I Like This – May 25, 2010

Tasks: Azalea Trimming

The previous owners planted a large series of geometric beds with azalea and juniper in the front garden long before we owned the property. Over the course of a year, these plantings can get quite shaggy. Typically I use the hedge trimmers on them, due to their geometric shapes and size. It isn’t the preferred method of pruning azaleas, but more of a “make do” arrangement.

Azalea Trimming - 1

The azaleas need to be trimmed after they bloom, but before they set new growth and buds for the next flowering season. Several times in the past, including last year, I have missed this window and been forced to wait another year before pruning. This makes the job more difficult, but it still has to be done.

We are slowly reworking all of these beds to change the character of the front yard The junipers inter-planted with the azaleas are all dying. As we remove them, I am either clearing the entire bed, as we did with the lavender bed in the foreground of the photos or “naturalizing” the beds by removing any juniper and a few of the azaleas and then letting the remaining azaleas grow into a more naturals shape and size.

Azalea Trimming - 2

I took advantage of a beautiful, cool day yesterday to work through these beds. It is hard to tell in the photo, since all the green blends together, but all the geometric beds are now neatly trimmed, except for a few stragglers along the bottom. These I will have to clean up by hand, one at a time. I was lucky to get some time yesterday, as this project really needed to be done before we leave on a trip to the UK in mid-June. I probably would have still been within my window of time, but the temperatures here were sure to be a lot hotter and make the job a lot more uncomfortable.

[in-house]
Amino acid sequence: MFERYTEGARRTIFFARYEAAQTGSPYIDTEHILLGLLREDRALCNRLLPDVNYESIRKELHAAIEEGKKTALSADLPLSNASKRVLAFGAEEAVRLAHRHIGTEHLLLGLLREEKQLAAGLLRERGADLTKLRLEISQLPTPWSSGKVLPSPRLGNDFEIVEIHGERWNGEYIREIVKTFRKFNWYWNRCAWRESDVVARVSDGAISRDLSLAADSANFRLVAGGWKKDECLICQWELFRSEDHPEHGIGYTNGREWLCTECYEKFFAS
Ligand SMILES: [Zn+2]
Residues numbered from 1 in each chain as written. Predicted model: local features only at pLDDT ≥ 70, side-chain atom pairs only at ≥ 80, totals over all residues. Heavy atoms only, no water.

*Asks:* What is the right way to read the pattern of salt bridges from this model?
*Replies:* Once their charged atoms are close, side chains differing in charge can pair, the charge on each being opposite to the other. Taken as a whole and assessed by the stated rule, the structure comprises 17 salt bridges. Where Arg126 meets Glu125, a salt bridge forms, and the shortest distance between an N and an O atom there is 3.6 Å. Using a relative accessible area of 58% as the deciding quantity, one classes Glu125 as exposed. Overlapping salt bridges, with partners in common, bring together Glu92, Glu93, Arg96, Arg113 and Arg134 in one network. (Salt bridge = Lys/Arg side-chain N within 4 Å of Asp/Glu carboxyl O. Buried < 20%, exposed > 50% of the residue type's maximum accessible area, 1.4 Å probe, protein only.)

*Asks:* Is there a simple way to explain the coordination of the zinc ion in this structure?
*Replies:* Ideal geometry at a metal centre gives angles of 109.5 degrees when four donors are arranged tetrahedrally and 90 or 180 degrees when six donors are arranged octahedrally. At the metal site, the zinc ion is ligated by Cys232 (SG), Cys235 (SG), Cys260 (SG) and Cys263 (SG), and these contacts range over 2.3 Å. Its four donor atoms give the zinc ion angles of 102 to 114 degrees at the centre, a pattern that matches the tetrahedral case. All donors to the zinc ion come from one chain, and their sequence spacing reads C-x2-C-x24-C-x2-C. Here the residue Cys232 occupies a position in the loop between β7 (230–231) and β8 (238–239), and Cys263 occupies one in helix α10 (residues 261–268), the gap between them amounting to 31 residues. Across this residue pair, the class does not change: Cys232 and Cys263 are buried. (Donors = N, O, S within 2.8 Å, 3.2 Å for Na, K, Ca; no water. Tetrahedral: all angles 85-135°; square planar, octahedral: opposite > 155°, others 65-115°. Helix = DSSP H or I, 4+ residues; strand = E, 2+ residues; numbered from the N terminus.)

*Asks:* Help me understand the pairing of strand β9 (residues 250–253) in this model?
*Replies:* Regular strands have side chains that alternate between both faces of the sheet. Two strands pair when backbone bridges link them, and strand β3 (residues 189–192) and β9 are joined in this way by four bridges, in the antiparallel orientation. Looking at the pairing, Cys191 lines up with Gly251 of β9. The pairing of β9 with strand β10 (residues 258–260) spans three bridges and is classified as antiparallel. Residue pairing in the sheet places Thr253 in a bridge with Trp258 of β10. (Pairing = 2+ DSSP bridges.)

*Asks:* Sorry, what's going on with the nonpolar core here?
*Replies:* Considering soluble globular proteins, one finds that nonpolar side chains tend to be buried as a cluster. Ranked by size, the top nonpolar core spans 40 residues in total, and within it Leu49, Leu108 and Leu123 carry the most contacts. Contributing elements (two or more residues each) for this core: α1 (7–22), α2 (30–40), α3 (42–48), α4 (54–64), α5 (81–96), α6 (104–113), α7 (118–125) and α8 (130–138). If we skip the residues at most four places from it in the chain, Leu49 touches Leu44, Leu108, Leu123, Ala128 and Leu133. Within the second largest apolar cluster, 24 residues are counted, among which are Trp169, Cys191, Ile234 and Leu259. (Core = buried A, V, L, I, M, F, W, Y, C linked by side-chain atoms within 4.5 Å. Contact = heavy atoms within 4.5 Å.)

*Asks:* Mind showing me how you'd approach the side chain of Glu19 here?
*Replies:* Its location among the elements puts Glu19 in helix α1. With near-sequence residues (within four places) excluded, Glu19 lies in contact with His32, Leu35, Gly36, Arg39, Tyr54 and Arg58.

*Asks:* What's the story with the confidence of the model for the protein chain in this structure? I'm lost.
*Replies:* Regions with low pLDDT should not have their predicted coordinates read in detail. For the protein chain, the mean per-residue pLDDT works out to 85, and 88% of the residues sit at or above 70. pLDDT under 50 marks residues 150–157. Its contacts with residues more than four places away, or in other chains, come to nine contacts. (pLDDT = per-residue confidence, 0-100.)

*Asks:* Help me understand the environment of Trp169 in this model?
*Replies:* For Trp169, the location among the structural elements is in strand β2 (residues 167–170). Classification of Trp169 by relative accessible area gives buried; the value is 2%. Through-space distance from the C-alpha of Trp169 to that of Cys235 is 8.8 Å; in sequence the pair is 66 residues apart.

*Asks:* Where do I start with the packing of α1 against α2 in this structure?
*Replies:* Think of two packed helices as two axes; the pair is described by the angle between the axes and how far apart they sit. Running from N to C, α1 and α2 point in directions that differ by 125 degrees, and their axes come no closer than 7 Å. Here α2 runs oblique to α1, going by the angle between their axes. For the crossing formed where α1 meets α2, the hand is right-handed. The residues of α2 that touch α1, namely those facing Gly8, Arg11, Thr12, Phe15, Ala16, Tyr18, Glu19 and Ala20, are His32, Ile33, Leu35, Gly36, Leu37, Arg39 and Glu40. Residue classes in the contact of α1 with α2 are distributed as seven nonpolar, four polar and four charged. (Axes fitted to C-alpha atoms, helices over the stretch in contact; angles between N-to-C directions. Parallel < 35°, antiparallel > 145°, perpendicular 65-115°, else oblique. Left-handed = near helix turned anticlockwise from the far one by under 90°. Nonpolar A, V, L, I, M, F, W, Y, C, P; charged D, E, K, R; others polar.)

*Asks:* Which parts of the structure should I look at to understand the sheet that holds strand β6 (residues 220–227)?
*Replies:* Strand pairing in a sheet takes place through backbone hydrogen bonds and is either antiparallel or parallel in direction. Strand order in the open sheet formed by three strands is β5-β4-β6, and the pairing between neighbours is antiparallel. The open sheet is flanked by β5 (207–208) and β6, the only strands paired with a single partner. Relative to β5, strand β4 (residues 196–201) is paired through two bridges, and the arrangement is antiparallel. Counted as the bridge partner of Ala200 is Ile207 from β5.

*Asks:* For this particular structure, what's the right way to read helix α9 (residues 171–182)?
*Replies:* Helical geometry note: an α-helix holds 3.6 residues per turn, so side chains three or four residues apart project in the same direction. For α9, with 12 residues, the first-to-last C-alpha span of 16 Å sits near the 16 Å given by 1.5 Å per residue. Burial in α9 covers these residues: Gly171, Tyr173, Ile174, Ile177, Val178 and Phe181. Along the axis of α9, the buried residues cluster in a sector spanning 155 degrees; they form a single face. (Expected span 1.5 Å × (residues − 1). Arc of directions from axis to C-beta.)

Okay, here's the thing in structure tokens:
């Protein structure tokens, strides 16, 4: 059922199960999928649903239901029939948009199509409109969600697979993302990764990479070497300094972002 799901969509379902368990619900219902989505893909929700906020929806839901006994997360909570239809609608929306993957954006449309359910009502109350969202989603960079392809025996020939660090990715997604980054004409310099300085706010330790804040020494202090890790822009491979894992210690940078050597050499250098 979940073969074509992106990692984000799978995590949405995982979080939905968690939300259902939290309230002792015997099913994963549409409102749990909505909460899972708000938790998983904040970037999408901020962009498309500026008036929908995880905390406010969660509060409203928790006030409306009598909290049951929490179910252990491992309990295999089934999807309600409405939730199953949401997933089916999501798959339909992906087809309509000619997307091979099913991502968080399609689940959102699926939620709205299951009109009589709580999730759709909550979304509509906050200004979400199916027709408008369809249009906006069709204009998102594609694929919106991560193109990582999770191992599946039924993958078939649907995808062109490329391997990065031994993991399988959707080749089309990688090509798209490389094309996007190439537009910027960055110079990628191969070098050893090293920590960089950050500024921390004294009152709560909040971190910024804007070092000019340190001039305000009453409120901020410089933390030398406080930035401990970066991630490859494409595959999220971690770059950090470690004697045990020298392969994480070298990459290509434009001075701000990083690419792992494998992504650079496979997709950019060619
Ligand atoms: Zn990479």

Finally, there are a series of large azaleas which grow against the front of the house. These have been spared the hedge trimmer and, to my eye, look much more appealing and natural in their habits. Still, they need to be pruned every so often, lest they consume the front of the house. I hand prune each of these plants, working to maintain a low, somewhat weeping habit. They seem to like this treatment as they never fail to bloom amazingly each year. That job will have to wait until we return from our trip, unfortunately.

Azalea Trimming - 4

Along with that job, I also hand prune the small (although growing larger) pines in the front garden. I describe it as “bonsai in place”. My goal is to keep them small and then prune them in a way that encourages a twisted/gnarled arrangement to the limbs. It seems to be working, so far, although right now they appear more like fuzzy pom-poms instead of the bonsai I prefer. This requires quit a bit of time, although I describe the process as particularly zen-like. I look, I think, I prune, look, think, prune and then repeat again and again until I have what I am looking for. I think this feeds my artistic sensibilities much as painting would.

Stay tuned here for more projects to come this summer!

Passiflora found along our walk today

Passiflora – Passion Flower – 4, originally uploaded by dewelch.

A neighbor has this extremely healthy set of Passiflora vines growing on a wall along the sidewalk. It never fails to put on a great show every year.

I Like This – May 18, 2010

What Gardens to see in the UK?

Planning for London and Cardiff
Image by dewelch via Flickr

My family is traveling to the south UK in mid-June and we are looking for some interesting side trips to take instead of spending our entire time in the The City.

I am interested in visiting some of the wonderful gardens to be found in the UK and wanted to ask you what you might recommend?

We are spending the first 3 days of our trip in Cardiff, so my wife can present a paper at the “Investigating Torchwood Conference held at the Atrium. After that, we are not decided yet on whether we will make a few stops across the south or head straight back to London. Friends have recommended visiting Bath and Oxford, so far.